— Miriam Valverde

"We started the wall."

Nov. 4, Macon, Ga.

This often repeated claim is Mostly False. So far, Congress has appropriated $1.6 billion for new and replacement fencing along the southwest border. But that money isn’t being used to build the U.S.-Mexico border wall Trump promised during his presidential campaign.

Contractors built eight border wall prototypes, but the Department of Homeland Security said it did not anticipate that a single prototype would be selected as the design standard for a border wall. Rather, the prototypes are "anticipated to inform future border wall design standards in some capacity," a U.S. Customs and Border Protection spokesman told PolitiFact earlier this year.

Trump’s administration received $1.6 billion for border barriers, but it’s disingenuous to claim they amount to Trump’s promise of a border wall.

— Miriam Valverde

Says U.S. Immigration and Customs Enforcement (ICE) is deporting MS-13 gang members "by the thousands."

Nov. 4, Macon, Ga.

We’ve rated a similar claim Mostly False. ICE tracks deportations of gang members; but it does not break down that data by gang affiliation, the agency previously told PolitiFact.

ICE began tracking gang removals in fiscal year 2014 and since then has deported more than 12,000 gang members, but it’s difficult to say how many were MS-13.

The Justice Department estimates there are more than 10,000 MS-13 gang members in the United States.

— Miriam Valverde

"If you want to pay high taxes you ought to vote for the mayor of Tallahassee, Fla,. because you will pay high taxes."

Nov. 3, Pensacola, Fla.

That was an exaggerated attack on Tallahassee Mayor Andrew Gillum, the Democrat running for governor against Trump-backed Ron DeSantis, a former congressman.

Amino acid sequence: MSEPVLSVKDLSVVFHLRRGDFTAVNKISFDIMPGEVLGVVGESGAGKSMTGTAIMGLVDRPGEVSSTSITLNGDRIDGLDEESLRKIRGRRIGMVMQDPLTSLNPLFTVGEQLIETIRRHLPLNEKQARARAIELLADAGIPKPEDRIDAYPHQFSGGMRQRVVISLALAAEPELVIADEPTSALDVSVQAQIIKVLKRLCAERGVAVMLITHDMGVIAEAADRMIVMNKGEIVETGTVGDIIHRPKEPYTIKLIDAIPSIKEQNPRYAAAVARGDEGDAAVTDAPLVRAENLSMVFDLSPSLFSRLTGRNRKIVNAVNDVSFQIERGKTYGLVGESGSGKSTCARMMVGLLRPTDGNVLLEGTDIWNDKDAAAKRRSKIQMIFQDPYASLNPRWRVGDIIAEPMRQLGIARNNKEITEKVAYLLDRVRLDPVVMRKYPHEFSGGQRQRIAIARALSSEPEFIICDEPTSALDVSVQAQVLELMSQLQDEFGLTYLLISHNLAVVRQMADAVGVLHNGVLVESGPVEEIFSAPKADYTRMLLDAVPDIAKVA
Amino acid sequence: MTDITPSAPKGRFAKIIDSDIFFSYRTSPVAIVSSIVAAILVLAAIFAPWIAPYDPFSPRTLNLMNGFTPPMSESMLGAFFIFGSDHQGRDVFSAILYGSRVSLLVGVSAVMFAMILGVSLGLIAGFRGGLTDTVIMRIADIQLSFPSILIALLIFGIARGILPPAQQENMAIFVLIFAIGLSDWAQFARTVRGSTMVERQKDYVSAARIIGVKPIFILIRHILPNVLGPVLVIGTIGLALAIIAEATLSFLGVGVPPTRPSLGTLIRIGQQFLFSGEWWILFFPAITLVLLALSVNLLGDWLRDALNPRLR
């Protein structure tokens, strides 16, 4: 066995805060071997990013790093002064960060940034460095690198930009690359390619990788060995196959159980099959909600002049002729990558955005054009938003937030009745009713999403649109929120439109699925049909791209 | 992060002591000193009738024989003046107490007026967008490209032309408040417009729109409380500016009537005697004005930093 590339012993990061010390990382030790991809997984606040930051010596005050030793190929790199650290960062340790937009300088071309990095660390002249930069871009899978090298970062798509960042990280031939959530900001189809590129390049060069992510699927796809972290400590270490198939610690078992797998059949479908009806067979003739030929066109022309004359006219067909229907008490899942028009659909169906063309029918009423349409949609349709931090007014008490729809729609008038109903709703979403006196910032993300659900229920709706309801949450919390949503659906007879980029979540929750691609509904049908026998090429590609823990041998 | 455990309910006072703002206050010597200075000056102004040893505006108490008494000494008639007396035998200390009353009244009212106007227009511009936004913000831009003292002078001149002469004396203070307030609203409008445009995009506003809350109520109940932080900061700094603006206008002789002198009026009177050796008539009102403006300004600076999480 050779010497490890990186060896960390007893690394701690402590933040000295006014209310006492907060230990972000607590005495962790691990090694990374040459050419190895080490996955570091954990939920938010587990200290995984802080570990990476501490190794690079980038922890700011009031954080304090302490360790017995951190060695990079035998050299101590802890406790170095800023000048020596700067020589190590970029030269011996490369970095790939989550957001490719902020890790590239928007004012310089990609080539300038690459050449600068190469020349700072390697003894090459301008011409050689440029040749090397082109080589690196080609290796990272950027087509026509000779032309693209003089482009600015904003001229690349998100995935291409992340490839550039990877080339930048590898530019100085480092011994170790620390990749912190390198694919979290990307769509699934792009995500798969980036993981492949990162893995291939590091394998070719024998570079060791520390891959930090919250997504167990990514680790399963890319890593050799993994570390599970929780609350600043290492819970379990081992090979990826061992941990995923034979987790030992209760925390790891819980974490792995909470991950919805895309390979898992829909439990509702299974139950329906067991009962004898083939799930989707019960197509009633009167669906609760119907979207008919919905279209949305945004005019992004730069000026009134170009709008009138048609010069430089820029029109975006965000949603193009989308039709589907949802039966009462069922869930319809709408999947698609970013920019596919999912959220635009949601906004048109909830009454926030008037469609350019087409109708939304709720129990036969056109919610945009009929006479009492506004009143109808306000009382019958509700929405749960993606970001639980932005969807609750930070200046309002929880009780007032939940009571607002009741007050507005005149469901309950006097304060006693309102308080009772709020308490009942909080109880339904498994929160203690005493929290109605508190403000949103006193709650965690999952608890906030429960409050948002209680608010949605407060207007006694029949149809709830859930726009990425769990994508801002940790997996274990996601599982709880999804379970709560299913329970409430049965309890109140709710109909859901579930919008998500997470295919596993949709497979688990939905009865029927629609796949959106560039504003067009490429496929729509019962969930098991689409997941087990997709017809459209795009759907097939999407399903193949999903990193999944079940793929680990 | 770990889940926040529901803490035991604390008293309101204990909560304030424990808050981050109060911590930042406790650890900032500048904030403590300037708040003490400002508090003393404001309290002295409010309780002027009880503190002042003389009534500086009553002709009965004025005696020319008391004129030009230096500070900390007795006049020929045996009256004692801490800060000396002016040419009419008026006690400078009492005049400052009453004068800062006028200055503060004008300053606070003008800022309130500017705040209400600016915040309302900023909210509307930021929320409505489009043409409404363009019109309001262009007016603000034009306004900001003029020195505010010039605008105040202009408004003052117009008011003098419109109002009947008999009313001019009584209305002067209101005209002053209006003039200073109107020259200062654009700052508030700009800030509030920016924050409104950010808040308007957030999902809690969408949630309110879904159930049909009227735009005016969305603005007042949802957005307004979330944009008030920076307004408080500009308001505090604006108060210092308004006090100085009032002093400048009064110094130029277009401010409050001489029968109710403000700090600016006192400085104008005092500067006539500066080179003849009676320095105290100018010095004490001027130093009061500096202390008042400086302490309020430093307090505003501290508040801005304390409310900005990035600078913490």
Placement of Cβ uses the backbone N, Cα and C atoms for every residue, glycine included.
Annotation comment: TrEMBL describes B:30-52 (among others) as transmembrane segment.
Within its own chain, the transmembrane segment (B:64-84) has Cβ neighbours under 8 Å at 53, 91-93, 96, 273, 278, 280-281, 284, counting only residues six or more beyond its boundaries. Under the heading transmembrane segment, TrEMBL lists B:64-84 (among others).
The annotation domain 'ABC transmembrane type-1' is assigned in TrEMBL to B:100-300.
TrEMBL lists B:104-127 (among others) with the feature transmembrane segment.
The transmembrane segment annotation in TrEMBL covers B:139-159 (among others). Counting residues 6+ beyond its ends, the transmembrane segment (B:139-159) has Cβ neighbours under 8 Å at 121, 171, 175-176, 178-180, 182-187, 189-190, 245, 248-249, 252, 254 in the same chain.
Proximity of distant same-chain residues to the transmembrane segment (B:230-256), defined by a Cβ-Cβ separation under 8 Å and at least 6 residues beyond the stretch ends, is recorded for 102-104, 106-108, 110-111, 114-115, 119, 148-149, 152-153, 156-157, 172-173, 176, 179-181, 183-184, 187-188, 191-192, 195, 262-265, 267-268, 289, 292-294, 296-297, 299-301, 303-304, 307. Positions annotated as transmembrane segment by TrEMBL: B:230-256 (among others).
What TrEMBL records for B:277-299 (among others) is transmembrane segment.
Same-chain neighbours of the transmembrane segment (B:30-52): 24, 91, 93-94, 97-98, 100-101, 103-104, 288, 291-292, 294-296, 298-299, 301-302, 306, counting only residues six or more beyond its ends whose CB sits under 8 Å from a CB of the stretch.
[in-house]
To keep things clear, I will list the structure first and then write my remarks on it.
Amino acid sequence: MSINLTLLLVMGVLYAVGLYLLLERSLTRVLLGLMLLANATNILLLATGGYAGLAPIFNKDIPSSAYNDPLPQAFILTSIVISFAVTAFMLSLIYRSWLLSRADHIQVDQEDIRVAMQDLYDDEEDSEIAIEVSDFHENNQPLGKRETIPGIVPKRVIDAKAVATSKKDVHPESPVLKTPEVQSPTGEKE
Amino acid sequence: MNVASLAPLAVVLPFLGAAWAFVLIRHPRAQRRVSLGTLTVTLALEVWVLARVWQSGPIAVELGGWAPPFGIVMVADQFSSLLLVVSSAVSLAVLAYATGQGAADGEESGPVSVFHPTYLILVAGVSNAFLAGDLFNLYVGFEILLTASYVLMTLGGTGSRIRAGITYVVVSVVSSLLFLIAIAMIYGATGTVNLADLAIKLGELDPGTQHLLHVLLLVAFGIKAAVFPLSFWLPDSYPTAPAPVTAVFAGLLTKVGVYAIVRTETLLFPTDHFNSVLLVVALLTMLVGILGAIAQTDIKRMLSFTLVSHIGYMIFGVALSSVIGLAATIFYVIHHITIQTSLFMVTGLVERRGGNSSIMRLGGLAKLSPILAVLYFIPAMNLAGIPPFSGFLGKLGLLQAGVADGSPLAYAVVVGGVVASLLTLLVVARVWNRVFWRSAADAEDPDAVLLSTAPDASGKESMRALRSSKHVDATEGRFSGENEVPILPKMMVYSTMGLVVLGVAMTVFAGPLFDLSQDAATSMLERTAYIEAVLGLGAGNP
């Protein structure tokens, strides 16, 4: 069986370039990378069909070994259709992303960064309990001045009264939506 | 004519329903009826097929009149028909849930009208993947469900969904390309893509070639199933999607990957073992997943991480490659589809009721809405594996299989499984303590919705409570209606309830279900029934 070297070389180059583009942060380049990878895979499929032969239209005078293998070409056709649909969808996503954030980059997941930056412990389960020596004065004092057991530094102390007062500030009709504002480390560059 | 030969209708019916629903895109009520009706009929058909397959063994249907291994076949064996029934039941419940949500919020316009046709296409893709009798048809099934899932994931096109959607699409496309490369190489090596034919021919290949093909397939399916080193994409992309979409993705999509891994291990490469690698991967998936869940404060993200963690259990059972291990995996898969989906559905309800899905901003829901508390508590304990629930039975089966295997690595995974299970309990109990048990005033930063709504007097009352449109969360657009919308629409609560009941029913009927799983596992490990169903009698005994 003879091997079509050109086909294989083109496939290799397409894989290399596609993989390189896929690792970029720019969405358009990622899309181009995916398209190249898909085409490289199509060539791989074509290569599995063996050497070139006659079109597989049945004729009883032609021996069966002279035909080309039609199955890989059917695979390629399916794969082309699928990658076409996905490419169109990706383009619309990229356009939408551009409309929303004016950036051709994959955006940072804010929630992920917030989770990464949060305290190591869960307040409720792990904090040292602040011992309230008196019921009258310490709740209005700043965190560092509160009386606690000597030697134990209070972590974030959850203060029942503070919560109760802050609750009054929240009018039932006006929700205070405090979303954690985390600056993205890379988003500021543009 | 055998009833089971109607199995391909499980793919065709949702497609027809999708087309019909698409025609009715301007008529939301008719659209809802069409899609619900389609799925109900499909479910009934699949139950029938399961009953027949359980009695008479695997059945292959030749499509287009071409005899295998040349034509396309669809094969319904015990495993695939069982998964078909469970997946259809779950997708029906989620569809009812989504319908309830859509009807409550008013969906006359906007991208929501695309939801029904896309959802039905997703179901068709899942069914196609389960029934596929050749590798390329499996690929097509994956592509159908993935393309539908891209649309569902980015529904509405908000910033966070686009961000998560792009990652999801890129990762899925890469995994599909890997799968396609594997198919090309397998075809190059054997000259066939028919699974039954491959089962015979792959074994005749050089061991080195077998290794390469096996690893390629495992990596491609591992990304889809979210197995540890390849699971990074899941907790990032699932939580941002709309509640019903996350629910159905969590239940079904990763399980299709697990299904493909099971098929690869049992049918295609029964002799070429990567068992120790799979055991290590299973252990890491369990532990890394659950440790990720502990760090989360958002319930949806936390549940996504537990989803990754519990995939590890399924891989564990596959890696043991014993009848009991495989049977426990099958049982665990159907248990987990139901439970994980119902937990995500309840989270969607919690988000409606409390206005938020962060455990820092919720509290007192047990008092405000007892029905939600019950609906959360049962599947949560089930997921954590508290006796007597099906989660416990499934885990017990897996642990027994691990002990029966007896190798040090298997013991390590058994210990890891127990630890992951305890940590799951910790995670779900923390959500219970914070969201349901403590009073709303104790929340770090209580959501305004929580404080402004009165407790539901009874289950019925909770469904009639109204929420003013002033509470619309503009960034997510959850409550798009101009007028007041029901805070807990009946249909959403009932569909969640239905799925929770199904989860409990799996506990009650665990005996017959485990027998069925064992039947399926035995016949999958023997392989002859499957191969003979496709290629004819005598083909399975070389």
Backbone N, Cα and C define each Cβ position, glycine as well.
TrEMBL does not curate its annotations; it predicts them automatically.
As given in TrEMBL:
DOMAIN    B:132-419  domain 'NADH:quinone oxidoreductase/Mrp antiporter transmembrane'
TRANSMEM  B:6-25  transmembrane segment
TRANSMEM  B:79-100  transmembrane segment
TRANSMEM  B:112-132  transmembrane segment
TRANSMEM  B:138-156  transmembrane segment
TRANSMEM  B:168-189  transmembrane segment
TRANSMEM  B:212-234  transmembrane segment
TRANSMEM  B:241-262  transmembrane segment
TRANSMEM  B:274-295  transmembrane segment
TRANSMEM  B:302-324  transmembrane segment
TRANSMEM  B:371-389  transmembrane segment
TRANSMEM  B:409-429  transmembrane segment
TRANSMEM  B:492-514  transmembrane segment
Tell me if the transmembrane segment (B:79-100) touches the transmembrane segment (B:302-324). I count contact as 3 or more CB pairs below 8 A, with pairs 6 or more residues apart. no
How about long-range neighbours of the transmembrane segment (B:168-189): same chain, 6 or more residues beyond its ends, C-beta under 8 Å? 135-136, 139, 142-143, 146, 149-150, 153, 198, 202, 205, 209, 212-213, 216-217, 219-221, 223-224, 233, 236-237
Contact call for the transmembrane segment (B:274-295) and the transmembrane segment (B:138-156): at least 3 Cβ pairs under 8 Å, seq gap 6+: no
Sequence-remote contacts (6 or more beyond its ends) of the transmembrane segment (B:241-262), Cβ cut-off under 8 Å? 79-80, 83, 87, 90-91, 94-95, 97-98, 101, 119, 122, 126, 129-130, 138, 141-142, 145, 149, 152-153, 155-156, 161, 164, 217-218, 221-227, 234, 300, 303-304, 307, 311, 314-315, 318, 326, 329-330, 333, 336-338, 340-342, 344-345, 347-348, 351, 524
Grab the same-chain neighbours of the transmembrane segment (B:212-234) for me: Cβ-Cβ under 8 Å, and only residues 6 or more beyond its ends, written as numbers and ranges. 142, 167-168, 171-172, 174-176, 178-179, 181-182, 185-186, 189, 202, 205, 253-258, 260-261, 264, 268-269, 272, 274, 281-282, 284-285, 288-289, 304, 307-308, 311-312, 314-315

Gillum has said he wants to raise the corporate tax rate from 5.5 to 7.75 percent to generate about $1 billion extra for public education. The tax wouldn’t directly target the average Floridian, but experts say at least some of the cost could trickle down.

Gillum has repeatedly said that he doesn’t want to add a state personal income tax. Even if he wanted to do that, he couldn’t on his own because the state constitution bans such a tax. It would require approval of 60% of voters to amend the constitution.

— Amy Sherman

"Gillum wants to abolish ICE. …. Gillum pledged his support to end all borders."

Nov. 3, Pensacola, Fla.

Gillum joined some Democrats in calling for abolishing ICE this summer as a result of the Trump administration’s policy of separating undocumented immigrant children from their parents.

"It's time to abolish ICE in its current form to be replaced with a more compassionate and focused agency that actually keeps us safer," Gillum posted on Facebook on July 3. "Donald Trump has turned ICE into a police and child separation agency — not a border enforcement agency that treats people humanely and compassionately."